Following on the massive success of last year's PBS special, Celtic Woman, a new special has been recorded at the historic Slane Castle. The wonderfully talented original members were joined by a sixth Celtic Woman, the New Zealand born International recording star Hayley Westenra. Hayley whose ancestors hailed from County Monaghan in Ireland brought another great dimension to the show. The setting for the show which has seen performances by U2, The Rolling Stones & Bruce Springsteen was a perfect backdrop for the music and songs that were once again arranged and written by composer David Downes. The new show received a standing ovation from a very appreciative audience. The songs were a wonderful blend of old classics, contemporary hits and original material. The individual and collective performances of Celtic Woman were enthralling and took full advantage of the castle setting on a surprisingly warm night at the County Meath venue. The evening was hosted by Lord Henry Mount Charles whose home in Slane Castle is steeped in Irish history with the famous River Boyne running through its grounds, the mystery of Newgrange at its door and the hill of Tara home to the kings of Ireland at its rear.

Length : 01:21:38 min.

Source: WETA - Public Television for a Globalized Nation's Capital

Steve McQueen momentarily gives in to inevitability in the American, not yet globalized, movie, The Great Escape, from 1963.

After McQueen left the Boys Republic home for wayward boys in Chino Hills, California, he drifted before joining the United States Marine Corps in 1947 and served until 1950. In 1952, with financial assistance of the G.I. Bill, McQueen began studying acting and auditioned to study at Lee Strasberg's Actors' Studio in New York City. Of the 2000 people who auditioned that year, only McQueen and Martin Landau were accepted. McQueen made his Broadway debut in 1955 in A Hatful of Rain.

McQueen died at the age of 50, on November 7, 1980, in Juárez, Mexico of a heart attack following cancer surgery. McQueen had traveled to the Santa Rosa Clinic in Mexico for alternative treatments for mesothelioma, a rare form of lung cancer caused by asbestos exposure. It is unclear whether the asbestos exposure came from his racing career or from an experience in the United States Marine Corps; he wore an asbestos-insulated racers suit in his race cars and when working on his own cars and motorbikes would use an asbestos soaked rag to cover his mouth from other fumes, and McQueen himself admitted that he was exposed to the deadly insulating material during his stint in the Marines.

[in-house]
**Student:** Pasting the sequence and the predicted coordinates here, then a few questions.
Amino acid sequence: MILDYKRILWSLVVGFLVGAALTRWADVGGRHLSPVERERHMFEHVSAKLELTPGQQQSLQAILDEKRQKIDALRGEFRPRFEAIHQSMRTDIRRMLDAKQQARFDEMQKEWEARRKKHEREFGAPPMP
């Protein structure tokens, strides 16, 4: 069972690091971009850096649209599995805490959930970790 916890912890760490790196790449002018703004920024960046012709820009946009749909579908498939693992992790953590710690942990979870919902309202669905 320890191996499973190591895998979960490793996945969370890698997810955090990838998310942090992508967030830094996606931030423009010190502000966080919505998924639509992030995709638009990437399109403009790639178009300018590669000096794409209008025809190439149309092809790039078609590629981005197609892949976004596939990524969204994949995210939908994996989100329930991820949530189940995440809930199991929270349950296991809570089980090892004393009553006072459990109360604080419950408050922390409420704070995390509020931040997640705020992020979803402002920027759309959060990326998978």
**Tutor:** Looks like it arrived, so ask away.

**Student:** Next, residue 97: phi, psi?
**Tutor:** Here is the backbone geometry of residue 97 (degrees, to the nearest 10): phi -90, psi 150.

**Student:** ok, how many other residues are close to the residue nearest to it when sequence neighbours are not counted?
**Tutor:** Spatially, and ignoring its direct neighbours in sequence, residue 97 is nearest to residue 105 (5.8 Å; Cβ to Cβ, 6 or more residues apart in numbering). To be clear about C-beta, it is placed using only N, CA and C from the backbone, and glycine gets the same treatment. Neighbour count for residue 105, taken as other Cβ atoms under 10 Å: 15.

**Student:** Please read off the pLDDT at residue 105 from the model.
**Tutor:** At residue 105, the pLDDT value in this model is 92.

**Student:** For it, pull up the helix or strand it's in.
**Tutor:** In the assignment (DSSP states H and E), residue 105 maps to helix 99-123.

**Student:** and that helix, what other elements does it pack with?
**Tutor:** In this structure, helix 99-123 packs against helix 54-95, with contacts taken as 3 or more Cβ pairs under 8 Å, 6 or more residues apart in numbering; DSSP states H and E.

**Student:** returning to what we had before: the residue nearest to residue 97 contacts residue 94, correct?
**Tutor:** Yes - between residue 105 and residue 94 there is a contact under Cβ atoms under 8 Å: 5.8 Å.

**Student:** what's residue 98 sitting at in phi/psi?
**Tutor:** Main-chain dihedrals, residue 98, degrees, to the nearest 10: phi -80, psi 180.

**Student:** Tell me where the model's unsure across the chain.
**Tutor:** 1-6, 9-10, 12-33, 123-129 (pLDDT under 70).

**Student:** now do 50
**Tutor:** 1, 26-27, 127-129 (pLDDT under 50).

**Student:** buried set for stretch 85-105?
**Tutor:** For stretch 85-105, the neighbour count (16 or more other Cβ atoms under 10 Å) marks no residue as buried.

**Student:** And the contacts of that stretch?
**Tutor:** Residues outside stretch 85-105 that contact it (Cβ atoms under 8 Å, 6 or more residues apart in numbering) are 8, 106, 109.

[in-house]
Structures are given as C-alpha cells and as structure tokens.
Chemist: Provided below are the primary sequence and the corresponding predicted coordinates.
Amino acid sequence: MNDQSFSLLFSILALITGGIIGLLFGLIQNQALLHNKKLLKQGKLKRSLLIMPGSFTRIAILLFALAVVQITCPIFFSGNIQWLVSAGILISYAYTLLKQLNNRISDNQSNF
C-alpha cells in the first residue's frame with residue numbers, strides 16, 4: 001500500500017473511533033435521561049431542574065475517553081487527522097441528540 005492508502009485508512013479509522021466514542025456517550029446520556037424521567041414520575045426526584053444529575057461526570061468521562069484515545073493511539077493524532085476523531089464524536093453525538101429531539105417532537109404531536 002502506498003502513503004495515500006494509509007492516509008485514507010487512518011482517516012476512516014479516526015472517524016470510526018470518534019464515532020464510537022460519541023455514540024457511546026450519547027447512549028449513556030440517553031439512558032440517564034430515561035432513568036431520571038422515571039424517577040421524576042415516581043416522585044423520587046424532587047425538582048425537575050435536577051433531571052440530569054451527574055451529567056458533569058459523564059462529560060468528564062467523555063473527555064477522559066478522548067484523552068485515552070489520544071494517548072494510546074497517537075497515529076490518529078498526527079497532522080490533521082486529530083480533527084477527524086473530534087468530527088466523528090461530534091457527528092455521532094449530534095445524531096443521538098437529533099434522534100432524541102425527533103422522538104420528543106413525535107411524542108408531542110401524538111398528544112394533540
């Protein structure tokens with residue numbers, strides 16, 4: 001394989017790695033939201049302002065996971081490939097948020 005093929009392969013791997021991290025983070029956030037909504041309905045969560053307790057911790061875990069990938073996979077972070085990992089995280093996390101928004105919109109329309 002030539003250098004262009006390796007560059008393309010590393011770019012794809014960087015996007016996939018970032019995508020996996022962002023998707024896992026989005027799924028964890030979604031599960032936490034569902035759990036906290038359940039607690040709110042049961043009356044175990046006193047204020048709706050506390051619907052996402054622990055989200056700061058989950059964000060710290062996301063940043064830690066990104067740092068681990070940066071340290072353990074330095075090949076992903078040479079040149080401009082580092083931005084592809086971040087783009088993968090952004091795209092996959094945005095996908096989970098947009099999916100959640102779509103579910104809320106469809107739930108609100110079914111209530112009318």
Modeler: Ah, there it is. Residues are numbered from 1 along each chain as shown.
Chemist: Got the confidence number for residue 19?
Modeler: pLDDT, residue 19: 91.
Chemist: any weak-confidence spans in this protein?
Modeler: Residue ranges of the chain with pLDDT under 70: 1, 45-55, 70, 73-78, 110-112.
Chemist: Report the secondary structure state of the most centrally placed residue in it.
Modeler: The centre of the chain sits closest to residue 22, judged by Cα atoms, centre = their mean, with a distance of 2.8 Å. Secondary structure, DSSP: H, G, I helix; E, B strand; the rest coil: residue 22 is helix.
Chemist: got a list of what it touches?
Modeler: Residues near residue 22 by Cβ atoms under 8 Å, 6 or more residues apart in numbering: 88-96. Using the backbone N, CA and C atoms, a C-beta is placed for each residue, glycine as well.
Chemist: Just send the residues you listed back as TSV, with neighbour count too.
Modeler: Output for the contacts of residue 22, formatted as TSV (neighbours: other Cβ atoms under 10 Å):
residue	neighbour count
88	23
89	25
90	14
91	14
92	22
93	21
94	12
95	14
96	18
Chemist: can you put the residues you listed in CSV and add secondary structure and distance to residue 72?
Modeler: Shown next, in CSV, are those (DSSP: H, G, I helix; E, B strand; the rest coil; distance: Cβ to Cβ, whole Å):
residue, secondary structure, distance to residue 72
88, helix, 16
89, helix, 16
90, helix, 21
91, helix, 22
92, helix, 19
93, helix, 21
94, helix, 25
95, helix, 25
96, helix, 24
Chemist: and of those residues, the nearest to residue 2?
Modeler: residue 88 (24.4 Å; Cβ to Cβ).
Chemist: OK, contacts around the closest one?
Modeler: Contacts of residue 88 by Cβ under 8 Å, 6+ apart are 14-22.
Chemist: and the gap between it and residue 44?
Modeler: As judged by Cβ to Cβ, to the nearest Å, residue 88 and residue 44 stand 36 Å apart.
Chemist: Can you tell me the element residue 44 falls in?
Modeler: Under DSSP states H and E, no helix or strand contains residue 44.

Elmer Bernstein wrote the memorable music to The Great Escape. Bernstein was born in New York City. During his childhood he performed professionally as a dancer and an actor and won several prizes for his painting. He gravitated toward music by his own choice at the age of twelve, at which time he was given a scholarship in piano by Henriette Michelson, a Juilliard teacher who guided him throughout his entire career as a pianist. She took him to play some of his improvisations for composer Aaron Copland. Copland was encouraging and selected Israel Citkowitz as a teacher for the young boy. Bernstein's music bears stylistic semblance to Copland's music.

He wrote the theme songs or other music for more than 200 films and TV shows, including The Magnificent Seven, The Great Escape, The Ten Commandments (1956), The Man with the Golden Arm, To Kill a Mockingbird, Robot Monster, and the fanfare used in the National Geographic television specials.

Picture and text credit: and Wikipedia. With thanks.